The rapid rise to prominence of the Internet as a music discovery platform has revolutionized the genre of hip-hop for good. With this relatively new luxury, music fans around the world have flocked to the liking of 2015 sensation Willie Maxwell II, better known as “Fetty Wap.” His stage name may sound like a joke, but don’t bat an eye when you hear that his new self-titled album has become product of critical acclaim. The eternal battle for limelight relevance plague many Internet phenomena like Maxwell, who step onto the scene with nothing but a catchy song or two to their name. Fortunately for Fetty, this debut album will keep him around for the foreseeable future, and that warrants a nice “YEEAAA BABYYY”.
Fetty Wap was released in late September to top off an incredibly successful summer for the Paterson, New Jersey based rapper/singer who seemingly hit the mainstream overnight. Although his career began just short of three years ago, Maxwell is a true neophyte to the music industry. He picked up singing in 2013 and released his first career single “Trap Queen” in March of 2014. Once he had the support and backing of music label 300 Entertainment in early 2015, the single skyrocketed to an eventual platinum certification. His follow up singles “My Way” and “679 (feat. Monty)” have both been certified gold since their releases leading up to the album.
The cover art for Fetty Wap features a dramatic close up of Maxwell with a hand over his face, but of course exposing the universally recognizable pigmentless left eye, which he lost to glaucoma as a child. From the fully-exposed slit of an eye to the “SQUAAAAD” ad lib heard in nearly every track, Maxwell is whipping into his way into pop culture without being too much of a nuisance. When it comes to staying in the spotlight, quality of music is most important, followed very closely by image. Maxwell is mastering both.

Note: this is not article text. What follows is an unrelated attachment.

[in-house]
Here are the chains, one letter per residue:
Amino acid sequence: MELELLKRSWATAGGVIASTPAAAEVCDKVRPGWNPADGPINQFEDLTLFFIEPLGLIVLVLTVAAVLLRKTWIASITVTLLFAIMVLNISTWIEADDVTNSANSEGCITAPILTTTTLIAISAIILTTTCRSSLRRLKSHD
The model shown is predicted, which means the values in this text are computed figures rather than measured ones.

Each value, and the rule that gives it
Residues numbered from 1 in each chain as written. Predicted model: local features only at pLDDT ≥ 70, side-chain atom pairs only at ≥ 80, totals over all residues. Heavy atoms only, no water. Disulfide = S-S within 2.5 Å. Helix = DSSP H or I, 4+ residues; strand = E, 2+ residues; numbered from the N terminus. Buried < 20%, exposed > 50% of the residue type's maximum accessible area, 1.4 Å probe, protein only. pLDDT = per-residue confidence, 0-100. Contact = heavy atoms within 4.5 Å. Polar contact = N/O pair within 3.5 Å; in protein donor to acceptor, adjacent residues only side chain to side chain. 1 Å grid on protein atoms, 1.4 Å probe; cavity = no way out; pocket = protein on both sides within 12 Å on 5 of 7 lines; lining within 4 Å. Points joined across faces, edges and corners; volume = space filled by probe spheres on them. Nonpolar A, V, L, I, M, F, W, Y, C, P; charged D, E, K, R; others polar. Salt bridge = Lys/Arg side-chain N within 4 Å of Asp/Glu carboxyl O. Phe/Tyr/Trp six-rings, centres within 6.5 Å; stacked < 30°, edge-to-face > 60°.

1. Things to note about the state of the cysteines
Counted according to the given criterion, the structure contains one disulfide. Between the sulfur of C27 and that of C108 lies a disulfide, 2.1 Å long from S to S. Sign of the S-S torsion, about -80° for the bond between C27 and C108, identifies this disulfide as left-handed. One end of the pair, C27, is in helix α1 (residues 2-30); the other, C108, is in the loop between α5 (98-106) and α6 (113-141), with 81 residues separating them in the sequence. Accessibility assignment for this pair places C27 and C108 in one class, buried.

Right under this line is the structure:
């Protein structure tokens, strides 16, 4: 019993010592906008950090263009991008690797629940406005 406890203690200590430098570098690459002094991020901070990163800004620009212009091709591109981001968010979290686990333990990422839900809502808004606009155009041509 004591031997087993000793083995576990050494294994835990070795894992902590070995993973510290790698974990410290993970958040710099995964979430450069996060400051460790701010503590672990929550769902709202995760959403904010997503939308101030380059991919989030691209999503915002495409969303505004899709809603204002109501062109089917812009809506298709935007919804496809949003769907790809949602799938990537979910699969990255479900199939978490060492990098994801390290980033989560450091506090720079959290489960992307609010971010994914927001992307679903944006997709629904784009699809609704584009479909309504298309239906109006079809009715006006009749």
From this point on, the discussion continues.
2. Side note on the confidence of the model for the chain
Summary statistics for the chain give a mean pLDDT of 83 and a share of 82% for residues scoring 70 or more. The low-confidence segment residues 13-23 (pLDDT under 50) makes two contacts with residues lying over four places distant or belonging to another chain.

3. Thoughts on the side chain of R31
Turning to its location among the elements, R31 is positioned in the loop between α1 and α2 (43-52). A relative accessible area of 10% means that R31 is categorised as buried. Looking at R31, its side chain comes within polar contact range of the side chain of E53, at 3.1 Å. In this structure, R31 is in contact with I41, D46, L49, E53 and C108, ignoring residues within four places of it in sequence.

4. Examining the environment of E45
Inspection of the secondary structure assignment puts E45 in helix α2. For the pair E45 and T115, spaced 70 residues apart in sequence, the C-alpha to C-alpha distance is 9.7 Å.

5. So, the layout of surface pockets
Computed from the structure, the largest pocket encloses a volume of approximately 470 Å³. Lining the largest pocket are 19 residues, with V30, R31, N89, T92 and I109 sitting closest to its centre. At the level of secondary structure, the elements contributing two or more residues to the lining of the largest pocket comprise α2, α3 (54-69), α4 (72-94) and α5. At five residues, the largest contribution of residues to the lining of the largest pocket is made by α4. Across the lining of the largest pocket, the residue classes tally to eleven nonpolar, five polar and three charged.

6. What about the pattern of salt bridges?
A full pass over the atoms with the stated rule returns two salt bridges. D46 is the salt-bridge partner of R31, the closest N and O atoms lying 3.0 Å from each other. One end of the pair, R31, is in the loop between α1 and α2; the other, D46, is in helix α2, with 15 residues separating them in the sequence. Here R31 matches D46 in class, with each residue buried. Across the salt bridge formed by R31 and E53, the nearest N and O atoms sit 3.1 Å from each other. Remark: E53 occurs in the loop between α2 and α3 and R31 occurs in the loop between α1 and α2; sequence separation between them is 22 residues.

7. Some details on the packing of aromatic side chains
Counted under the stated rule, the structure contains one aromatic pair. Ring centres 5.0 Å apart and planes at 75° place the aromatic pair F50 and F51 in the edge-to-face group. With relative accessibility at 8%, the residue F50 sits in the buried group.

The three aforementioned debut singles simultaneously charted in Billboard’s top 11, a feat only achieved by none other than The Beatles. The singles follow a foolproof formula; one or two extremely catchy melodies are cycled over and over, allowing for effortless memorization. All three have become sing-along anthems, each with its own unforgettable chorus and sustaining verses.
Other highlights off the album include “How We Do Things (feat. Monty)”, “Again” and “RGF Island.” Maxwell’s friend and colleague Monty is featured on nearly half of the tracks, delivering a nice vocal pace change whenever it feels needed. Fetty’s voice spears each track with precision and strength, while the supporting beats are, for lack of a better term, absolute bangers. His heavy tone meets high-reigster melodies at a perfect medium. Despite the seemingly paradoxical claim, his vocal dynamic resembles that of Sam Smith’s. Both singers are able to hit high notes while maintaining a rich, wholesome tone.
As far as albums go, Fetty Wap is not the most cohesive work of art, but it’s not trying to be. It’s party rap. Themes and melodies may be frequently exploited, but when the opening synths of “Trap Queen” are heard at a Del Playa rager, all anyone will be concerned about is attempting their best Fetty Wap impression.
As an artist who met fame at such an early point in his career, Maxwell made a great move in releasing this 20-track album. He has provided close to one and a half hours of product for haters, lovers and fans of all levels in between to explore. Whether you decide to support one of the hungriest figures in contemporary hip-hop is up to you, but don’t jump to conclusions before listening to Fetty Wap’s eponymous debut album.